U.N. to Resume Aid Shipments to Myanmar

The U.N. said it would resume aid flights to cyclone-stricken Myanmar on Saturday, after the World Food Program suspended shipments because the country's military regime seized vital supplies.

On Friday, a planeload of high-energy biscuits and other supplies sent by the WFP was impounded by Myanmar's military, which has said it is grateful for the aid, but has insisted on distributing the relief supplies to the survivors of the cyclone that hit the country's Irrawaddy delta region a week ago.

WFP chief spokeswoman Nancy Roman said Friday that negotiations are continuing to release two planeloads of high-energy biscuits impounded by Myanmar.

After that cargo was confiscated, World Food Program spokesman Paul Risley said shipments would be suspended until the situation could be resolved.

Risley said that Myanmar's refusal to allow international aid workers into the country was "unprecedented in modern humanitarian relief efforts."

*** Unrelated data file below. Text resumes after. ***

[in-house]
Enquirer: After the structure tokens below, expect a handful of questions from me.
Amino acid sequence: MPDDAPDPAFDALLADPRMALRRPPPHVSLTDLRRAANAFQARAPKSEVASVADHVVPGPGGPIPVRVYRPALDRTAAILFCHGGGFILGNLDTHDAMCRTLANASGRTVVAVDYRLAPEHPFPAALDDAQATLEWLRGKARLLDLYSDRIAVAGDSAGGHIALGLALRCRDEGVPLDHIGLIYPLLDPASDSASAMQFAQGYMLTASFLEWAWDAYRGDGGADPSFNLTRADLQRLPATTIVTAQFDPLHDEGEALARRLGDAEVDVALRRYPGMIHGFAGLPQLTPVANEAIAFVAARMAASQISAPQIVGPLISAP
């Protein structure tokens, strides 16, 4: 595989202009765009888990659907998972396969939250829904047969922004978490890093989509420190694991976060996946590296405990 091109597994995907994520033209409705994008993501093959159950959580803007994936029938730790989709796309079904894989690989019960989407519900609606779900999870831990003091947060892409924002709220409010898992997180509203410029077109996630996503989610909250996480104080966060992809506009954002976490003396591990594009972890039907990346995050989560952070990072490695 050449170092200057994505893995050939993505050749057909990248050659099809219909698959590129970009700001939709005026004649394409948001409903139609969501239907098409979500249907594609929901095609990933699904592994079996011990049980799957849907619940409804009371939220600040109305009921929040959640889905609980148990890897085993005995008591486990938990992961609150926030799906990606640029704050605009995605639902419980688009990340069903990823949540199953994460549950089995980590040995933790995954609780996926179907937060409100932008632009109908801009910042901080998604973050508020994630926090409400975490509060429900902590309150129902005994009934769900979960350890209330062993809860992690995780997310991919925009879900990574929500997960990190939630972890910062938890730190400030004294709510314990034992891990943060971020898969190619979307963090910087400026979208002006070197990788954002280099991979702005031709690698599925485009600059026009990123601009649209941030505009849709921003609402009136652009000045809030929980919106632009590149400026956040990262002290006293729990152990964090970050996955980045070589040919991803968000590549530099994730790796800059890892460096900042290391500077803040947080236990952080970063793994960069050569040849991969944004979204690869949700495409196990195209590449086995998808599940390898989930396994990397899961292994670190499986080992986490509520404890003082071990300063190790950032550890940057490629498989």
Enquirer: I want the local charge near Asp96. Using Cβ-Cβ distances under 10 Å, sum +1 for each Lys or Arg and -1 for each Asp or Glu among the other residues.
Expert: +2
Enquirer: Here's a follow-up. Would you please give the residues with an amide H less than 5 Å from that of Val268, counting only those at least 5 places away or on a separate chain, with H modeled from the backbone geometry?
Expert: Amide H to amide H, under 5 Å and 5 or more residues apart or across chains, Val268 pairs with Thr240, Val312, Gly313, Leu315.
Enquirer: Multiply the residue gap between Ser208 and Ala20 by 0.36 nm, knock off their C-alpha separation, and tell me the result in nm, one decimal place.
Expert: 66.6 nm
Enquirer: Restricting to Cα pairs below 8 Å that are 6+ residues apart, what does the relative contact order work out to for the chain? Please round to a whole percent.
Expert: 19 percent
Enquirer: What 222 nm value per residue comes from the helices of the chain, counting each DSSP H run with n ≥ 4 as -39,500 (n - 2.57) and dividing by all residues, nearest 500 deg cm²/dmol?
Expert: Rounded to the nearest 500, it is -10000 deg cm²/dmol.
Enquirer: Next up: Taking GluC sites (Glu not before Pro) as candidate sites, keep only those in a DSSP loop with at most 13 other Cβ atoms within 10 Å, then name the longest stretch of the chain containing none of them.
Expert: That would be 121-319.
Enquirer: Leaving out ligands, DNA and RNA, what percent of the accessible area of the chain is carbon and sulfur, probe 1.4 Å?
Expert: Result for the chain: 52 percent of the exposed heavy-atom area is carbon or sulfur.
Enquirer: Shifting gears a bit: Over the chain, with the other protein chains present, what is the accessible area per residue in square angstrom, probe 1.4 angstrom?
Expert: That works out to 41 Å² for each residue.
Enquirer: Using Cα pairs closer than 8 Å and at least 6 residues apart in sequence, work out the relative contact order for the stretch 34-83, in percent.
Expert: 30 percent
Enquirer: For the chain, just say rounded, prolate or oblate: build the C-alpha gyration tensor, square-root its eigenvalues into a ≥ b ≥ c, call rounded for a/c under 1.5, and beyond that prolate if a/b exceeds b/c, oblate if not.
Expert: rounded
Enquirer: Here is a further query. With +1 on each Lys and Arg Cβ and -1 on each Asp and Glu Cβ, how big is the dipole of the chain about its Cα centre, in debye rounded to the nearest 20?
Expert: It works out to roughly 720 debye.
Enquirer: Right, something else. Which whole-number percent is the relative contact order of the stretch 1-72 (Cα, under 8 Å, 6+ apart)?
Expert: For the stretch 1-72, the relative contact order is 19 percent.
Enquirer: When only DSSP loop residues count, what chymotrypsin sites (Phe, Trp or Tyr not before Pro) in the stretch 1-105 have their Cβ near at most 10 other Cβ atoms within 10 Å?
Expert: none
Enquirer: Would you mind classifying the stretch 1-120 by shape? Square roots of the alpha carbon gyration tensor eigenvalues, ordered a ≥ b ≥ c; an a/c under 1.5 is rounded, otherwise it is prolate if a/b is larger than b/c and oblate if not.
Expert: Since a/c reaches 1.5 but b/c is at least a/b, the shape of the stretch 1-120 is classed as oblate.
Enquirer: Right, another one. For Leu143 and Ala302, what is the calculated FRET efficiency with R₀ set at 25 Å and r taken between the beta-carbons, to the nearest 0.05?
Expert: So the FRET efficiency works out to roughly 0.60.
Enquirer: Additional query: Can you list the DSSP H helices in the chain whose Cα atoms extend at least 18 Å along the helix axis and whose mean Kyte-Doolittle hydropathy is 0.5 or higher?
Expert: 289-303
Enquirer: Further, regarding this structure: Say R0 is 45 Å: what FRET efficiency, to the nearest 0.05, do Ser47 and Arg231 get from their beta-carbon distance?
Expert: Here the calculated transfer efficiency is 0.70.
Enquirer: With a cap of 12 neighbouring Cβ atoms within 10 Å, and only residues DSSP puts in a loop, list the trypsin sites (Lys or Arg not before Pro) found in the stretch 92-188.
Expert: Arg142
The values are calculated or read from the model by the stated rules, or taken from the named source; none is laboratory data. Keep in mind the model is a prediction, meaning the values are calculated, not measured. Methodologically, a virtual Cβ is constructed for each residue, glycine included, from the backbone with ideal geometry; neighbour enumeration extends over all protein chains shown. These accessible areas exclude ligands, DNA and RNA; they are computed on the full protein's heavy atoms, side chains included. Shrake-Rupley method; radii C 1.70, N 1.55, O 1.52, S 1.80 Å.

A U.N. weather agency is forecasting heavy rains next week in Myanmar.

The official death toll from Saturday's cyclone and tidal surge stands at nearly 23,000. But officials fear it will go much higher, with the lack of safe food and water.

U.S. planes packed with relief supplies are standing by in Thailand, awaiting permission from Myanmar to fly in.

Myanmar's isolationist junta said in a statement Friday that it is grateful for the international assistance, but it wants to distribute the aid itself.

The country's military rulers have yet to issue visas for aid workers. One plane carrying relief aid was sent back because it had a search-and-rescue team and reporters on board.

State media in Myanmar said 42,019 were missing from Cyclone Nargis, which hit the country's Irrawaddy delta Saturday. Shari Villarosa, who heads the U.S. Embassy in Yangon, said the number of dead could exceed 100,000 because of illnesses.

From NPR reports and The Associated Press

Comments

 

Please keep your community civil. All comments must follow the NPR.org Community rules and terms of use, and will be moderated prior to posting. NPR reserves the right to use the comments we receive, in whole or in part, and to use the commenter's name and location, in any medium. See also the Terms of Use, Privacy Policy and Community FAQ.